In the instant case the testimony of the witnesses offered as corroboration would, standing alone, in no way support plaintiff’s testimony with respect to the oral agreement. That testimony, standing alone, tends rather to support the theory that until toward the end of his life, O’Brien intended to devise the property to the plaintiff by will.
The testimony of the witnesses called for the defendants was definite in tending to show that O’Brien treated the property at 422 N. Eleventh Street as his own. These witnesses testified to statements by O’Brien that he wanted to sell the property so he could reinvest in San Diego, that he wanted to give his former wife first chance to buy it but that he wasn’t going to wait any longer, that he was living on part of the income from the property, that it would pass to Mrs. Judd upon his death, that he hoped to sell it for $25,000, that plaintiff’s sister was occupying one of the apartments and that it was his property and he was going to get her out.
During the summer shortly before O’Brien’s death, his stepdaughter, Mrs. Judd, died as result of an automobile accident. The evidence indicates that when a new will was made thereafter, five days before O’Brien’s death, to dispose of the property which he had previously left to her, he left plaintiff, his former wife, out completely. The inescapable conclusion thus to be drawn from the testimony as a whole, assuming that plaintiff was named as a devisee in O’Brien’s earlier will, is that O’Brien had changed his mind about leaving any property to his former wife during the last days of his life. There was some testimony to the effect that O’Brien had made a complete settlement with plaintiff and that he did not owe her one penny. Since a person has the inherent right to change his will, as long as he remains competent to do so, and since the decedent’s competency is not here challenged, the first and, in view of our determination thereof, the only real issue to be resolved is whether there is any substantial legal evidence concerning the oral agreement of September 26, 1944.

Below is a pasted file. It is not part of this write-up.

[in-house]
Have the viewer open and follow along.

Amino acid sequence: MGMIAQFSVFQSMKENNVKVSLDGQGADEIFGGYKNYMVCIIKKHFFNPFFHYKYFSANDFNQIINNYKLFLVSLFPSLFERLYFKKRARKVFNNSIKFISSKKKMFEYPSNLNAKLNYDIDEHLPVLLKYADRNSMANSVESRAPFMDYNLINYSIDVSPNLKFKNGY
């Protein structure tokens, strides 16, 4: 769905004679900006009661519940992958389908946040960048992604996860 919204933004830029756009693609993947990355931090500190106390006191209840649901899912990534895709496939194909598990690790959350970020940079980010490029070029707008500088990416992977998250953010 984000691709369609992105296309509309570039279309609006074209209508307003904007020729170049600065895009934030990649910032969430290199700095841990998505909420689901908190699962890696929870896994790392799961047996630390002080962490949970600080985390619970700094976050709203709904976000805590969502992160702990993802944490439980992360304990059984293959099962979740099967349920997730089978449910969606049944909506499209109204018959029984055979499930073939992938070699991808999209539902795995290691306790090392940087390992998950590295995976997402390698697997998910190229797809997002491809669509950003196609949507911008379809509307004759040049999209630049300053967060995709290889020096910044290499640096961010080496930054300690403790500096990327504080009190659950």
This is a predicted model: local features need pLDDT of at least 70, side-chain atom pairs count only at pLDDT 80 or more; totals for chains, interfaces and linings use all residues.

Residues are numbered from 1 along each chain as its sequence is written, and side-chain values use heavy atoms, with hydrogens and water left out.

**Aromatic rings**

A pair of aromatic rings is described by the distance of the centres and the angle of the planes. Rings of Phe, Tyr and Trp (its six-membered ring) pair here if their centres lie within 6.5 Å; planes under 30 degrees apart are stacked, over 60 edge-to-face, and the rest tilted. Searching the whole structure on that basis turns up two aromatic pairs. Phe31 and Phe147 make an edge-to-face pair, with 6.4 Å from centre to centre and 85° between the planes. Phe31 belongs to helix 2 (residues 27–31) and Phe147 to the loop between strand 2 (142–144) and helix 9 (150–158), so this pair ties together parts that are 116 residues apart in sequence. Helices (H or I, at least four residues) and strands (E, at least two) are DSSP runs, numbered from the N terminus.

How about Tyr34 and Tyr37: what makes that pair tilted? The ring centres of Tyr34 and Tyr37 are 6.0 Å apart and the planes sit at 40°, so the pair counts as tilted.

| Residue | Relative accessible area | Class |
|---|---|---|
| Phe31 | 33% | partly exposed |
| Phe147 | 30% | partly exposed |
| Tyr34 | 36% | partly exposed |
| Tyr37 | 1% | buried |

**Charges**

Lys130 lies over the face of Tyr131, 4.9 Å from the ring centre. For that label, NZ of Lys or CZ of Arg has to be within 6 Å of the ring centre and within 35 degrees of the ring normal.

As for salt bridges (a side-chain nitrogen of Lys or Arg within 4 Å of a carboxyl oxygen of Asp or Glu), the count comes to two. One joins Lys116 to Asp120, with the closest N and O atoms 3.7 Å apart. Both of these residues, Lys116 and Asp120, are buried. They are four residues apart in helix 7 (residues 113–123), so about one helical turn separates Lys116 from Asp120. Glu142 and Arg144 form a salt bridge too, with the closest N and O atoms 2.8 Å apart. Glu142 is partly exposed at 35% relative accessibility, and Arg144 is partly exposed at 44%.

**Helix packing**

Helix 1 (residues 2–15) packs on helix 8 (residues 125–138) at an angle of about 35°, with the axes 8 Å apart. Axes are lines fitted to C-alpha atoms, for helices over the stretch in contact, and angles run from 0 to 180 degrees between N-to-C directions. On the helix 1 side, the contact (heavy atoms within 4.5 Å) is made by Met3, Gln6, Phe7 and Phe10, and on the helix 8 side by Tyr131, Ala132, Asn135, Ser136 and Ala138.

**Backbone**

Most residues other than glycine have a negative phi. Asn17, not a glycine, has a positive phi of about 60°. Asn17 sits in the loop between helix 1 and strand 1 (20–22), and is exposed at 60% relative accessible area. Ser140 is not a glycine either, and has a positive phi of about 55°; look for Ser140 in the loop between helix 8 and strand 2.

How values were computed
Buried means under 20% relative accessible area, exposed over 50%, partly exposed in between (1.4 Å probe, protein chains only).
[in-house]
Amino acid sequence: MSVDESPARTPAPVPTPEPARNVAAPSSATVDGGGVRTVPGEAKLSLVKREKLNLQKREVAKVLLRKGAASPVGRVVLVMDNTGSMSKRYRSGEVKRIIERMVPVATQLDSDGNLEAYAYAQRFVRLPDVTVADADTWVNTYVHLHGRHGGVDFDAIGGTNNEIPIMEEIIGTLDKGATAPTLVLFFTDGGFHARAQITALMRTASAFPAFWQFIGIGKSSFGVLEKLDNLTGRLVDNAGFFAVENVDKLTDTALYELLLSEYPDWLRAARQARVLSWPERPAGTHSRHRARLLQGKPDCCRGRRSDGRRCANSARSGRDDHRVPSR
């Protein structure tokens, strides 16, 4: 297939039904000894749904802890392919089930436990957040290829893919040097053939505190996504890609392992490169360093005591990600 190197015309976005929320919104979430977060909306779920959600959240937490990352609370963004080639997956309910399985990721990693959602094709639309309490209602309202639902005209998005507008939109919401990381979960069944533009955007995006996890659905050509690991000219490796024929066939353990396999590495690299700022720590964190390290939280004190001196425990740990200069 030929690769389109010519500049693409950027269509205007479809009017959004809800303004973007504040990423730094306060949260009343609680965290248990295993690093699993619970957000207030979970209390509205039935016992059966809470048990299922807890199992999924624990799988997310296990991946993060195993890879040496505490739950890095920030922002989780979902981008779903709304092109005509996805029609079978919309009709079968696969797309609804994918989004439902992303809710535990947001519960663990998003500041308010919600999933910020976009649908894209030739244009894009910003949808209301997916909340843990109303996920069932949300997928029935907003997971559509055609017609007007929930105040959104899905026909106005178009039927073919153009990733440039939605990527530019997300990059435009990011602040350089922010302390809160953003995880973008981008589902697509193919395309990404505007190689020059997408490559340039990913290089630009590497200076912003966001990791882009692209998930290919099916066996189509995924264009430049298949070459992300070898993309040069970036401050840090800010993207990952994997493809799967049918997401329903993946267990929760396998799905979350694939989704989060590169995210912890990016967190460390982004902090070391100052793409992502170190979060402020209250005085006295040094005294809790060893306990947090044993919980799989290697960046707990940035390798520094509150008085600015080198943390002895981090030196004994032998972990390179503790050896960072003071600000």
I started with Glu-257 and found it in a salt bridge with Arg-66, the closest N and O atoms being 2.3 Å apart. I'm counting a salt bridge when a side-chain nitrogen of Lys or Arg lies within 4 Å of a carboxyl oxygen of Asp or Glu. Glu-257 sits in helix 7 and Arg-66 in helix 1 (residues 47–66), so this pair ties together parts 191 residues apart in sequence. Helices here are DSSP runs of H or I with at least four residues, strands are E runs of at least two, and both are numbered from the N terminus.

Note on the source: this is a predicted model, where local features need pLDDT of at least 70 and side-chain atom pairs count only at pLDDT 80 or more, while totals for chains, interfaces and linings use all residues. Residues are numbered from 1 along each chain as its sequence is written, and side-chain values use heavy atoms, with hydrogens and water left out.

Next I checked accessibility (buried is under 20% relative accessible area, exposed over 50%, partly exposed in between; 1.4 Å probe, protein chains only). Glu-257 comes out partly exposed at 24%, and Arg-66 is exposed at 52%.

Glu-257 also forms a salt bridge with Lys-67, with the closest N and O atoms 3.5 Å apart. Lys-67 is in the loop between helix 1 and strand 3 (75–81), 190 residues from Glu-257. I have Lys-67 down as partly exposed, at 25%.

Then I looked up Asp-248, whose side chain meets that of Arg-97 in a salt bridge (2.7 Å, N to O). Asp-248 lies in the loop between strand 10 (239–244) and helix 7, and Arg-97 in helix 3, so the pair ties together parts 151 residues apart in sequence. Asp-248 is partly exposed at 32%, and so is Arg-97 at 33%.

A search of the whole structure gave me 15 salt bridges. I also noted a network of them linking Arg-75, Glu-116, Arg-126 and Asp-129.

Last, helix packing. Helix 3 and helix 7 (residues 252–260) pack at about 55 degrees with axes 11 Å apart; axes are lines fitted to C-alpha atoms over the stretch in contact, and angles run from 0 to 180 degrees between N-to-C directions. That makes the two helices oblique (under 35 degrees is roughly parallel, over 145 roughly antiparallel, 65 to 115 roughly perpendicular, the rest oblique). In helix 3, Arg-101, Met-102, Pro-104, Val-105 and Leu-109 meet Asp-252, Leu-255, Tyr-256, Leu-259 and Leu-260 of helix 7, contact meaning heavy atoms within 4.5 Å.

While it is well established by numerous decisions that this Court will not reverse the trial court when its findings of fact are supported by substantial evidence, it has also been held, as recently as in *358Southern Union Gas Co. v. Cantrell, 1952, 56 N.M. 184, 241 P.2d 1209, that all facts essential to the judgment found by the trial court must be so supported. In the case at bar numerous essential facts were offered by the plaintiff’s own testimony, which pursuant to Section 20-205, New Mexico Statutes Annotated, 1941 Comp., the New Mexico version of a deadman’s statute, must be corroborated by other material evidence. This is particularly the situation with respect to details of the oral agreement purportedly made between the plaintiff and the deceased on September 26, 1944, following which plaintiff conveyed the property at 422 N. Eleventh Street to the decedent by warranty deed on September 27. Nowhere is there any evidence, other than that of the plaintiff, which sets out the details of this purported oral agreement, and even the plaintiff’s testimony is vague as to some of the details.